During the academic year, I play in the Upper School Orchestra twice a week. I always look forwards to our rehearsals, a time to relax and simply play music without any sense of pressure. However, Orchestra is a large group. While I do get to know the people in my wind section, Orchestra feels like less of a cohesive group than my chamber music group which meets every Thursday.
My chamber group is a woodwind quintet, consisting of a French horn (me), a bassoon, a clarinet, an oboe, and a flute, coached by Mr. Reasoner, the Orchestra's director, on piano. However, the diversity of the instruments is not what makes the group fun; instead it is the range of ages. Except for freshmen, each year of high school is represented: senior Philip Satterthwaite on flute (the Orchestra's principal oboist); juniors Philip Liu, oboe, and Stanley Gao, clarinet; and even English teacher Mr. Leith, on bassoon.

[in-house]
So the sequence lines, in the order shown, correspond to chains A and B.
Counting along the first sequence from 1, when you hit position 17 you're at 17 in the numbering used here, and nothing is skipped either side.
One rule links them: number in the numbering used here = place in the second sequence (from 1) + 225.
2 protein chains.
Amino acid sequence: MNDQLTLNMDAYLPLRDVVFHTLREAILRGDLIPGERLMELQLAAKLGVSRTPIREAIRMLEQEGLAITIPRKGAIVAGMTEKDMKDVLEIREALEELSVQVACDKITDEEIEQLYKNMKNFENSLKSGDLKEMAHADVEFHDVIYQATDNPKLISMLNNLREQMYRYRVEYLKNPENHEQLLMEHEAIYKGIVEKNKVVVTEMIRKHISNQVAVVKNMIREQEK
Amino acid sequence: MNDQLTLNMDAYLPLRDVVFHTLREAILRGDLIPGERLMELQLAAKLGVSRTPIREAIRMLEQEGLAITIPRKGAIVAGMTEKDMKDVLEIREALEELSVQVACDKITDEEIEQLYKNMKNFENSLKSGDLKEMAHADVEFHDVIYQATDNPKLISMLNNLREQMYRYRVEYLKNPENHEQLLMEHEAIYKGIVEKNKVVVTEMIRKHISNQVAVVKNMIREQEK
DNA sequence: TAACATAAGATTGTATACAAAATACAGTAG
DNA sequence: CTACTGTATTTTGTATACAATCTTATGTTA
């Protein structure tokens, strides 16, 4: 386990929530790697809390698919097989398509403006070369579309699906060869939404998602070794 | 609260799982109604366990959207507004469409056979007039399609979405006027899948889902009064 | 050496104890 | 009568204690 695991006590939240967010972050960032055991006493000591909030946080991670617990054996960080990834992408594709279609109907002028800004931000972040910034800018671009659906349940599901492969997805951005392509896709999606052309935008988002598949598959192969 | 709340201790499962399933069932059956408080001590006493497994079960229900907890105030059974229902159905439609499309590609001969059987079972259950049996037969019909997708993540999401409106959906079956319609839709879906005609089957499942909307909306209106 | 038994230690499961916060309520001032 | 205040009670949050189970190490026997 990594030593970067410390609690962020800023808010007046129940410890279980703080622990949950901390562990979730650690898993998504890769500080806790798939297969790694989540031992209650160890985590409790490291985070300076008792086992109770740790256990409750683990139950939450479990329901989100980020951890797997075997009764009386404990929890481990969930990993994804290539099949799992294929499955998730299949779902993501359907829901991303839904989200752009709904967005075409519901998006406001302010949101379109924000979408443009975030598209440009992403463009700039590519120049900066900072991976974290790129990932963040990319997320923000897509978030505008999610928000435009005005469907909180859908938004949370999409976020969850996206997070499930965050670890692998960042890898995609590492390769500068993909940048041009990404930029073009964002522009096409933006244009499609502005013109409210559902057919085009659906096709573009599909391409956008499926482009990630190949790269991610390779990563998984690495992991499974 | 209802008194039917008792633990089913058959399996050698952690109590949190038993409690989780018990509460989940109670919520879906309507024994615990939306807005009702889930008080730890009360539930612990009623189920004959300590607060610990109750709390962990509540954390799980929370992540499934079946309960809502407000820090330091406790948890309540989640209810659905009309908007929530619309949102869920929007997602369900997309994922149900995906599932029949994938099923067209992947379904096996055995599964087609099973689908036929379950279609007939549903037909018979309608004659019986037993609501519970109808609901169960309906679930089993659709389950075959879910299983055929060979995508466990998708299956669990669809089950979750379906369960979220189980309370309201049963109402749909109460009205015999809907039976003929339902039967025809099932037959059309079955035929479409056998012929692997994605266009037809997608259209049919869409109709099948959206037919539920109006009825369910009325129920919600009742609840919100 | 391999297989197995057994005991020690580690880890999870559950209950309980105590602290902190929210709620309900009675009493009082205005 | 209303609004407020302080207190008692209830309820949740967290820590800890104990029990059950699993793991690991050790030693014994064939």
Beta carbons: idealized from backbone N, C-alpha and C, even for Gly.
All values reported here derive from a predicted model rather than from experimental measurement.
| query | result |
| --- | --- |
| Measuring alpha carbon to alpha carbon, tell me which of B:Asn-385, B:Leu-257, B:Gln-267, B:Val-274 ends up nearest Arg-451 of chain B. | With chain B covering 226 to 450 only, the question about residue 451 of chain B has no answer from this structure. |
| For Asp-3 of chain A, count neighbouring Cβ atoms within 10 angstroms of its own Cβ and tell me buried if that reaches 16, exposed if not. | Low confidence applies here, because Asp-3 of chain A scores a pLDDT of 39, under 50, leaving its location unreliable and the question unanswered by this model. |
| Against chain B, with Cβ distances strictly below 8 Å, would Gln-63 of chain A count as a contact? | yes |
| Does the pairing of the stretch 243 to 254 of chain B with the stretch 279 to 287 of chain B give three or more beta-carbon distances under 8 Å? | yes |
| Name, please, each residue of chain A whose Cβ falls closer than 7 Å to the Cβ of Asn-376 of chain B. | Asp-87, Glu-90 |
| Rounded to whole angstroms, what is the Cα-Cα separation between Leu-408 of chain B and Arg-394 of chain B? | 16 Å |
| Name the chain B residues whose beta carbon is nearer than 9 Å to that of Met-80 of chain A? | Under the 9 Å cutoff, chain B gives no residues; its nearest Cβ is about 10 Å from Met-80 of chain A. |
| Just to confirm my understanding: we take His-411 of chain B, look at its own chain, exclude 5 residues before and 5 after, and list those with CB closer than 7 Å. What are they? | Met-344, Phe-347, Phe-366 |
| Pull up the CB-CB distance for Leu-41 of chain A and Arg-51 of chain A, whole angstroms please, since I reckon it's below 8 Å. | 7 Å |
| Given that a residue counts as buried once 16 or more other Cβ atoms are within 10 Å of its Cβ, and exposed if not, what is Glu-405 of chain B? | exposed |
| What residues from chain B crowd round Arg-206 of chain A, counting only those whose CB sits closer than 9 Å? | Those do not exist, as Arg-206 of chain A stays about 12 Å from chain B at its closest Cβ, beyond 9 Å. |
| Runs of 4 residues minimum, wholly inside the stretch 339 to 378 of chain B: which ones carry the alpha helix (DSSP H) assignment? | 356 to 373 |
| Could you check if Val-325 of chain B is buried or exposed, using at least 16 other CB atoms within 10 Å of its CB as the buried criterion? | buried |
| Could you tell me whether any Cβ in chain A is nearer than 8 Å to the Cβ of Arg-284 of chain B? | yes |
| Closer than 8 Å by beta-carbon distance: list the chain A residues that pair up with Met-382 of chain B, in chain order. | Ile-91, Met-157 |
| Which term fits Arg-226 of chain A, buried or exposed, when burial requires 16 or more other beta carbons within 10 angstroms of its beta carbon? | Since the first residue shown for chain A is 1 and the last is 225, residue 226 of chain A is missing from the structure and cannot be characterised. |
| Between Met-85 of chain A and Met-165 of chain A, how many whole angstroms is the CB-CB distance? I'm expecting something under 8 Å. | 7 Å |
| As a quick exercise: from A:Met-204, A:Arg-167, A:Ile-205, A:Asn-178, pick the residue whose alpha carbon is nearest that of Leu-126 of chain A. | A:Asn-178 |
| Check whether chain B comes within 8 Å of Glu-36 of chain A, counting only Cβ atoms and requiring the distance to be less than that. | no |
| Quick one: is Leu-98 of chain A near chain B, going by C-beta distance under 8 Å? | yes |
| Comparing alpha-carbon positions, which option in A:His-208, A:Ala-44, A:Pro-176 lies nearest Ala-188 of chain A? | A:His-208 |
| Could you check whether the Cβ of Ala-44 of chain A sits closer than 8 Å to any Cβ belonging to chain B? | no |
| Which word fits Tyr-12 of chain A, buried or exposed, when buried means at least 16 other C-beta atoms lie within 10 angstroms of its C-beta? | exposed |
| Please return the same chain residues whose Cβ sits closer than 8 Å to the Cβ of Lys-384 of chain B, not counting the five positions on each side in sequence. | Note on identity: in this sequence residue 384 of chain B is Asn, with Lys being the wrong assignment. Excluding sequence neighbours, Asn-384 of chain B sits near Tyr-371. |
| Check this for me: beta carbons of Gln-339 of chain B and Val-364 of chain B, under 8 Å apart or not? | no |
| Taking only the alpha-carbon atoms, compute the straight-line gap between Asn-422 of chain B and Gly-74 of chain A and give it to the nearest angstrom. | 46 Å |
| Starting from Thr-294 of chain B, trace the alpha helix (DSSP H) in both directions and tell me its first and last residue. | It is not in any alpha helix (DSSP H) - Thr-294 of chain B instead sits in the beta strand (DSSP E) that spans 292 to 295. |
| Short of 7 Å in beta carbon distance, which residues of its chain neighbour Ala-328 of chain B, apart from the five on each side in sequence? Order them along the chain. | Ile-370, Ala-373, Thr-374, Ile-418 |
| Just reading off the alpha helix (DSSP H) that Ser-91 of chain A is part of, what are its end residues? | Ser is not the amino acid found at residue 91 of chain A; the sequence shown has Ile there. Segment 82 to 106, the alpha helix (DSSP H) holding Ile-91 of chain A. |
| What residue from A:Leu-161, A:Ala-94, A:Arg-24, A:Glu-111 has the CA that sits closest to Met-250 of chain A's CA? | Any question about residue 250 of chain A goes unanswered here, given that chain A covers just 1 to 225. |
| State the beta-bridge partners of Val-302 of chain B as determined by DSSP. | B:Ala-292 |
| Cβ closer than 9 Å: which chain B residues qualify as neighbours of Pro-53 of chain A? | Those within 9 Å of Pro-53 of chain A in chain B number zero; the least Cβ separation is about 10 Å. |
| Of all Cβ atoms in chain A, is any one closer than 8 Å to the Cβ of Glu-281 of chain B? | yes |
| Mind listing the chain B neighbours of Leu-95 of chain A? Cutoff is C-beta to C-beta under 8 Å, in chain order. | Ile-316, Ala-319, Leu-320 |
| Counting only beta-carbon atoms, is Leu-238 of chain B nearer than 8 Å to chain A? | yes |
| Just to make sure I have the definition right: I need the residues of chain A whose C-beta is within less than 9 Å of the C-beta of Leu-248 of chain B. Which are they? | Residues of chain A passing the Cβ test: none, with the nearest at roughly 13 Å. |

The group is full of conversation. We rarely make it through rehearsal without chatting about something either music-related (ranging from the new set of CDs or records Mr. Reasoner recently bought to the gruesome death of a world-renowned musician) or totally off topic (I can especially recall a vigorous discussion the day after Halloween about the quality of this year's Parent Association's candy selection). I feel I get to know each member of the group—including our leader Mr. Reasoner—on a different level than I do in Orchestra, or anywhere else for that matter.
While the social aspect of this woodwind quintet is entertaining, my experience playing with the group is like nothing that I have done before. We have played all kinds of music, from a Mozart string quintet arranged for winds to "Salut d'Amour," a love song composed by Edward Elgar a century later. At our twice-yearly concerts, we showcase our music to parents, fellow students, and teachers.
While I love Orchestra, my chamber quintet is a place to relax, have fun conversation, and make beautiful music for its own sake.
Editor's Note: At last night's installation for Dr. Jen Price, the woodwind quintet performed an arrangement of Mozart's "Variations on 'Ah, vous dirai-je, Maman,'" K. 265, an arrangement of the composer's piano composition on a French folk tune best known as "Twinkle, twinkle, little star."